Actor John Stamos, drummer for The Beach Boys for more than 20 years, came down the steps first, accompanied by then-girlfriend, Paula Abdul. Bruce Johnston, Al Jardine and Carl Wilson were next. They seemed to be having a sort of in-depth conversation, and I elected not to interrupt.

When Brian walked off the stage, he was assisted by a Maine state trooper and Eugene Landy, who each took an arm. The towering Wilson was ashen and stared straight ahead without blinking. It broke my heart to see him like this and I started to head for the parking lot when Mike Love came down the steps. I decided to ask him to sign why not? After all, he sang several of the songs on 'Pet Sounds.'

'Hi Mike,' I said. 'Thanks for the show. Would you be able to sign my CD?' I was holding a Sharpie in one hand and the disc in the other. Love approached and looked me up and down with an expression one normally reserves for that rare moment when you step in something on the lawn that had previously been inside of a dog.

At that time, I dressed out at over 300 pounds, and Mike Love appeared to be repulsed at my appearance. He said, 'I really can't. I need to go sit in the car and wait for the guys.' With that, he turned and walked away. Seriously? In the time it took him to say those words, he could have signed two autographs.

I'm actually glad that it happened because he gave me a good story. Almost exactly 20 years after snubbed by Love, I exacted a sort of quiet revenge.

One day in August 2010, I was scanning the dial and heard, 'Mike Love will be our next guest.' It was The Howie Carr Show on WVOM, and Howie was taking calls for Mike. Just for fun, I called and was surprised to be the first listener with a question. I considered asking if he has something against fat people, but I knew he would deny it. Instead, I decided to ask him about Brian Wilson a subject he hates talking about more than anything since Wilson is generally credited with most all that is good about The Beach Boys. I don't have a recording of Howie's show, but here's a paraphrased version of how it went down.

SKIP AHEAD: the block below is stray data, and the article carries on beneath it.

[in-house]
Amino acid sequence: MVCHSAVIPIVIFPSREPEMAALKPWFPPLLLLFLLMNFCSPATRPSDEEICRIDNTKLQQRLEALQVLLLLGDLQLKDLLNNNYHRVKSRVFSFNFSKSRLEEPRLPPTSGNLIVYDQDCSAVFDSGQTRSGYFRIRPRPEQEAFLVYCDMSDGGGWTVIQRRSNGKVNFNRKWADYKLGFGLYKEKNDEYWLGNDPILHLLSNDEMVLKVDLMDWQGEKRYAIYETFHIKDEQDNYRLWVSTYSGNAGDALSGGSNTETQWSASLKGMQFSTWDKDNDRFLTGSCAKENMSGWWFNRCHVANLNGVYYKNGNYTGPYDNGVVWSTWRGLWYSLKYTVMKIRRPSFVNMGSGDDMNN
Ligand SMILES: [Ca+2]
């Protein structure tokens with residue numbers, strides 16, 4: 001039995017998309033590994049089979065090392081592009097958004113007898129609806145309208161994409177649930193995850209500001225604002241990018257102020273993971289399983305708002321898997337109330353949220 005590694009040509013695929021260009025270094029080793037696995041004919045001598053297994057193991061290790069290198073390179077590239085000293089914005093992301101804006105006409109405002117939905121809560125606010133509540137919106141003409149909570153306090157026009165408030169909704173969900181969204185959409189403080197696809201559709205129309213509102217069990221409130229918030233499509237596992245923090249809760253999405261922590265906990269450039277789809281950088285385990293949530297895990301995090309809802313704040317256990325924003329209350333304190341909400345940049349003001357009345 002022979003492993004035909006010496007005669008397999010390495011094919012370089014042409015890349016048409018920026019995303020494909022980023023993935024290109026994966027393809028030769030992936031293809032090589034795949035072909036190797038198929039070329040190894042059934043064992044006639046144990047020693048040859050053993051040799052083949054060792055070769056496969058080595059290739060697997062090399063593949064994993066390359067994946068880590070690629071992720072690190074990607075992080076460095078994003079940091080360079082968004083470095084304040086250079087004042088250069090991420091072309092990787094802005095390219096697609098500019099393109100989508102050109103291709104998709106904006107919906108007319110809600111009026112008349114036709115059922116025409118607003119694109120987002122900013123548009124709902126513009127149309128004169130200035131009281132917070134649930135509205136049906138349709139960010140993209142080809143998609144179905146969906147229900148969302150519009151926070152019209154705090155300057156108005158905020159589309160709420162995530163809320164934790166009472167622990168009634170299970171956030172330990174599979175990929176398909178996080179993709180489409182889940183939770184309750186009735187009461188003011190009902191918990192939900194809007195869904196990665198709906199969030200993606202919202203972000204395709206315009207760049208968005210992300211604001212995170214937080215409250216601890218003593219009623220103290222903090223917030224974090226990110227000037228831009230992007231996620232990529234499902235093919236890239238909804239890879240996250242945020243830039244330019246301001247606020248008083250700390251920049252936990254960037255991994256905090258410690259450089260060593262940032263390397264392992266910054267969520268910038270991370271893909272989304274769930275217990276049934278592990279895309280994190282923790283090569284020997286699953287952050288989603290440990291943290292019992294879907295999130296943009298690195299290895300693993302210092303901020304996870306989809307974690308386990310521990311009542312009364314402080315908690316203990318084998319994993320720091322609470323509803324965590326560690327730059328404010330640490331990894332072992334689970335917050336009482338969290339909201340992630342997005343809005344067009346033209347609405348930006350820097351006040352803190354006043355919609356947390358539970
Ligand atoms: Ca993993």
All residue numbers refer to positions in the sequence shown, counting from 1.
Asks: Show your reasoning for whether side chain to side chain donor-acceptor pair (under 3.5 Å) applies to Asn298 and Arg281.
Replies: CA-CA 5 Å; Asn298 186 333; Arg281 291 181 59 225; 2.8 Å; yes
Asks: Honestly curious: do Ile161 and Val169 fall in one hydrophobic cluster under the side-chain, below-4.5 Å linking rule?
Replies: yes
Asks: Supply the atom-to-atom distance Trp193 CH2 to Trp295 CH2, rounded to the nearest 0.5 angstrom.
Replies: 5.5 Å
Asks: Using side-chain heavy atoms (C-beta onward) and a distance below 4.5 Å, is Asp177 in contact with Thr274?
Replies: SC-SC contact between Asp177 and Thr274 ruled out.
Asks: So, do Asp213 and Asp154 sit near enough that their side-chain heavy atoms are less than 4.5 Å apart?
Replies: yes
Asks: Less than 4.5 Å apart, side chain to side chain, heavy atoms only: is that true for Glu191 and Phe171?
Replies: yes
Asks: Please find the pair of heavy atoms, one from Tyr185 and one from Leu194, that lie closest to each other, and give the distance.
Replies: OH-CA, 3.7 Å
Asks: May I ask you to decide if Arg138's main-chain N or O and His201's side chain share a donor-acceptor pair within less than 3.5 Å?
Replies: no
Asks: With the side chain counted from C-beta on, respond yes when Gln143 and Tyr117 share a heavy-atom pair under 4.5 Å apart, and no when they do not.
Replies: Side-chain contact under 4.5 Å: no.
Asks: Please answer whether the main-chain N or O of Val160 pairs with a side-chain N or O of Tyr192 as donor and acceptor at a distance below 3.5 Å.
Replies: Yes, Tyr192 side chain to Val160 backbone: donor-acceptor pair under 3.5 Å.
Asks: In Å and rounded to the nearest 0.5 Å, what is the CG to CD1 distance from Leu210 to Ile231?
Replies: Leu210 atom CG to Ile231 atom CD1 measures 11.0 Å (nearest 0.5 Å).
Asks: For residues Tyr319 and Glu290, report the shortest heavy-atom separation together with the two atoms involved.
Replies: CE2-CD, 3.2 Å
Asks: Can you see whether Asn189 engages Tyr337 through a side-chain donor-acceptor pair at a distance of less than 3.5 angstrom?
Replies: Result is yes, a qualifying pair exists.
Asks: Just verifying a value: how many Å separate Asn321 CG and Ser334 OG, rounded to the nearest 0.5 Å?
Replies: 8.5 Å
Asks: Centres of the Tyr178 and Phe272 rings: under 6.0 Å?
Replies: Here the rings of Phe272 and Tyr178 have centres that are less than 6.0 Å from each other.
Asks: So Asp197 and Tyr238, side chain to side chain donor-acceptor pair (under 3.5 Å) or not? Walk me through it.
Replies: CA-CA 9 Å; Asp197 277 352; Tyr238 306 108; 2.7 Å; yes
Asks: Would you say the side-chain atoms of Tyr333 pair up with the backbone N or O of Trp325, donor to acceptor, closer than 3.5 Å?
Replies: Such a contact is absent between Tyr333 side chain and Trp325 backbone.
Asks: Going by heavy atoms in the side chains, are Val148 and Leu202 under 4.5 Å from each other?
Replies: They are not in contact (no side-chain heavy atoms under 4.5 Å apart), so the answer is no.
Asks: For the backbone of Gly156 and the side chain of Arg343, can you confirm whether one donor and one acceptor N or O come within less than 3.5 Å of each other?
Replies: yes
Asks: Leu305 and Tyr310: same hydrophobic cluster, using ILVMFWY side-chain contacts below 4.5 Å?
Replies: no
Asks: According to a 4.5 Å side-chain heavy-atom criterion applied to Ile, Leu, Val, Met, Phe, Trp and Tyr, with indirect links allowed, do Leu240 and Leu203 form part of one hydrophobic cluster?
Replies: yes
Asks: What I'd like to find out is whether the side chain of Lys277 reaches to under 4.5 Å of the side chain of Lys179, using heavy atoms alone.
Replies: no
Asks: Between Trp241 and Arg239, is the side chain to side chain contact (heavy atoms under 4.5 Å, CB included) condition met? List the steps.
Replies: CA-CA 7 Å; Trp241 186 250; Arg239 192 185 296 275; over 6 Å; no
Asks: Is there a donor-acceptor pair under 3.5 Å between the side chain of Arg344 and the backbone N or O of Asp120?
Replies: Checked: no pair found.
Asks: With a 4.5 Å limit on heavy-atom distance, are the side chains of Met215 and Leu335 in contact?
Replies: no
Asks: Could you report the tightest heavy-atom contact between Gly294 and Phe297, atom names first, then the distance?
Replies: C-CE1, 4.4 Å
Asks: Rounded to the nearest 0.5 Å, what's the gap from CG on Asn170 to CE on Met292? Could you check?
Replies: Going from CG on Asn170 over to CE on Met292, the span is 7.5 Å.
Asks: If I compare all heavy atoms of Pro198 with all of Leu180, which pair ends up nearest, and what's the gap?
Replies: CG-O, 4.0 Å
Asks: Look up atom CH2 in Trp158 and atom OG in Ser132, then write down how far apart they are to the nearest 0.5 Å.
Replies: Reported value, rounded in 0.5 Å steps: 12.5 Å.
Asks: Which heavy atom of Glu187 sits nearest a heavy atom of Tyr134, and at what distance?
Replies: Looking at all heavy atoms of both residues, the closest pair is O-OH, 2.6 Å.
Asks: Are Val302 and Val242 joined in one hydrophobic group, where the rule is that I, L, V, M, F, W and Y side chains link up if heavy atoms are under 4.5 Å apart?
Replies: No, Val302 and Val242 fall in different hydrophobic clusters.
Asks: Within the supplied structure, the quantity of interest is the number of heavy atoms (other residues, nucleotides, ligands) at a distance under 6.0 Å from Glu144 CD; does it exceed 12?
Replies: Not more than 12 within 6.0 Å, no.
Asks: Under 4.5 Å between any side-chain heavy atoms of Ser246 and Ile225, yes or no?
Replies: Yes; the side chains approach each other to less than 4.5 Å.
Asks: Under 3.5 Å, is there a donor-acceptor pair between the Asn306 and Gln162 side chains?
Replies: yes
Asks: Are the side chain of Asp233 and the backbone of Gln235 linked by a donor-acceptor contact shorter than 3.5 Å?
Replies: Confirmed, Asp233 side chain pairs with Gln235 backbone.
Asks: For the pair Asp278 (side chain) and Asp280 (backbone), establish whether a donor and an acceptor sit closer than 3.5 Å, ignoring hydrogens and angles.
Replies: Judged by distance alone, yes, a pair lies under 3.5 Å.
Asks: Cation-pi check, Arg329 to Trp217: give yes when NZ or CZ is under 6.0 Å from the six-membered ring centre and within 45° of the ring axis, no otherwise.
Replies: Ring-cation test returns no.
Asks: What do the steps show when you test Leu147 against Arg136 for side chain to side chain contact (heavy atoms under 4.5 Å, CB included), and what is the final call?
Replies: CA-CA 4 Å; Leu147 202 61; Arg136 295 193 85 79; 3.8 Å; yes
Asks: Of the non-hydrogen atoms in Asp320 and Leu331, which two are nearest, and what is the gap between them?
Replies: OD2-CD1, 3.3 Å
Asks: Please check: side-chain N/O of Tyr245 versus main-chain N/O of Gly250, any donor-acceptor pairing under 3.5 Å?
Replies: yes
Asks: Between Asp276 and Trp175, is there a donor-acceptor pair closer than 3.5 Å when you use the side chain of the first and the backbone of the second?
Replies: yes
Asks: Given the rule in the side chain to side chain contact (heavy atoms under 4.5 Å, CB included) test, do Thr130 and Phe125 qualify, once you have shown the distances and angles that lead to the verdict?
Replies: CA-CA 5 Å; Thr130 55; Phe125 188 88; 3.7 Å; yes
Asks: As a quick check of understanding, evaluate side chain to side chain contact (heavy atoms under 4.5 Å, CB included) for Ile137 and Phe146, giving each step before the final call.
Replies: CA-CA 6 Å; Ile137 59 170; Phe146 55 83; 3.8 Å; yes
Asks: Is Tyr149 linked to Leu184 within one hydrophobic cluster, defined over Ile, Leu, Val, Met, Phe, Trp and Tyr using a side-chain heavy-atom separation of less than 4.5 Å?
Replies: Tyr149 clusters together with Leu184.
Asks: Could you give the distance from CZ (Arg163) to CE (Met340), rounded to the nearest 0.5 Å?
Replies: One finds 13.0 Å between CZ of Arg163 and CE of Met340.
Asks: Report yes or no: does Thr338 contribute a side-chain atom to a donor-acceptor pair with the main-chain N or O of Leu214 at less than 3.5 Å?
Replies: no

Dow: Hi Mike. The Beach Boys' 50th anniversary is coming up soon. Do you think there's a chance that Brian Wilson might join you guys? That would be amazing!

Love: Gee, uh. Um, I don't know. You'd have to ask Brian. There would be a lot to work out.

Dow: I really hope it happens. Brian is the man! I love the music of 'SMiLE' and I really hope it will be officially released someday. Do you think there's a chance we might see a 'SMiLE' box set kind of like the 'Pet Sounds' set that came out in the 90s?

Love: (exasperated sigh) Um. It's not up to me that's up to the record company. Ask them. I don't know. ('The SMiLE Sessions' was released last fall)

Dow: (trying to suppress laughter) OK - thanks Howie!

Shedding 150 pounds in the mid-90s felt only slightly better than that phone call.

Mike Dow is part of The Mike and Mike Show, airing each morning on Kiss 94.5. Check him out at www.Facebook.com/MikeandMike and www.MikeDow.net.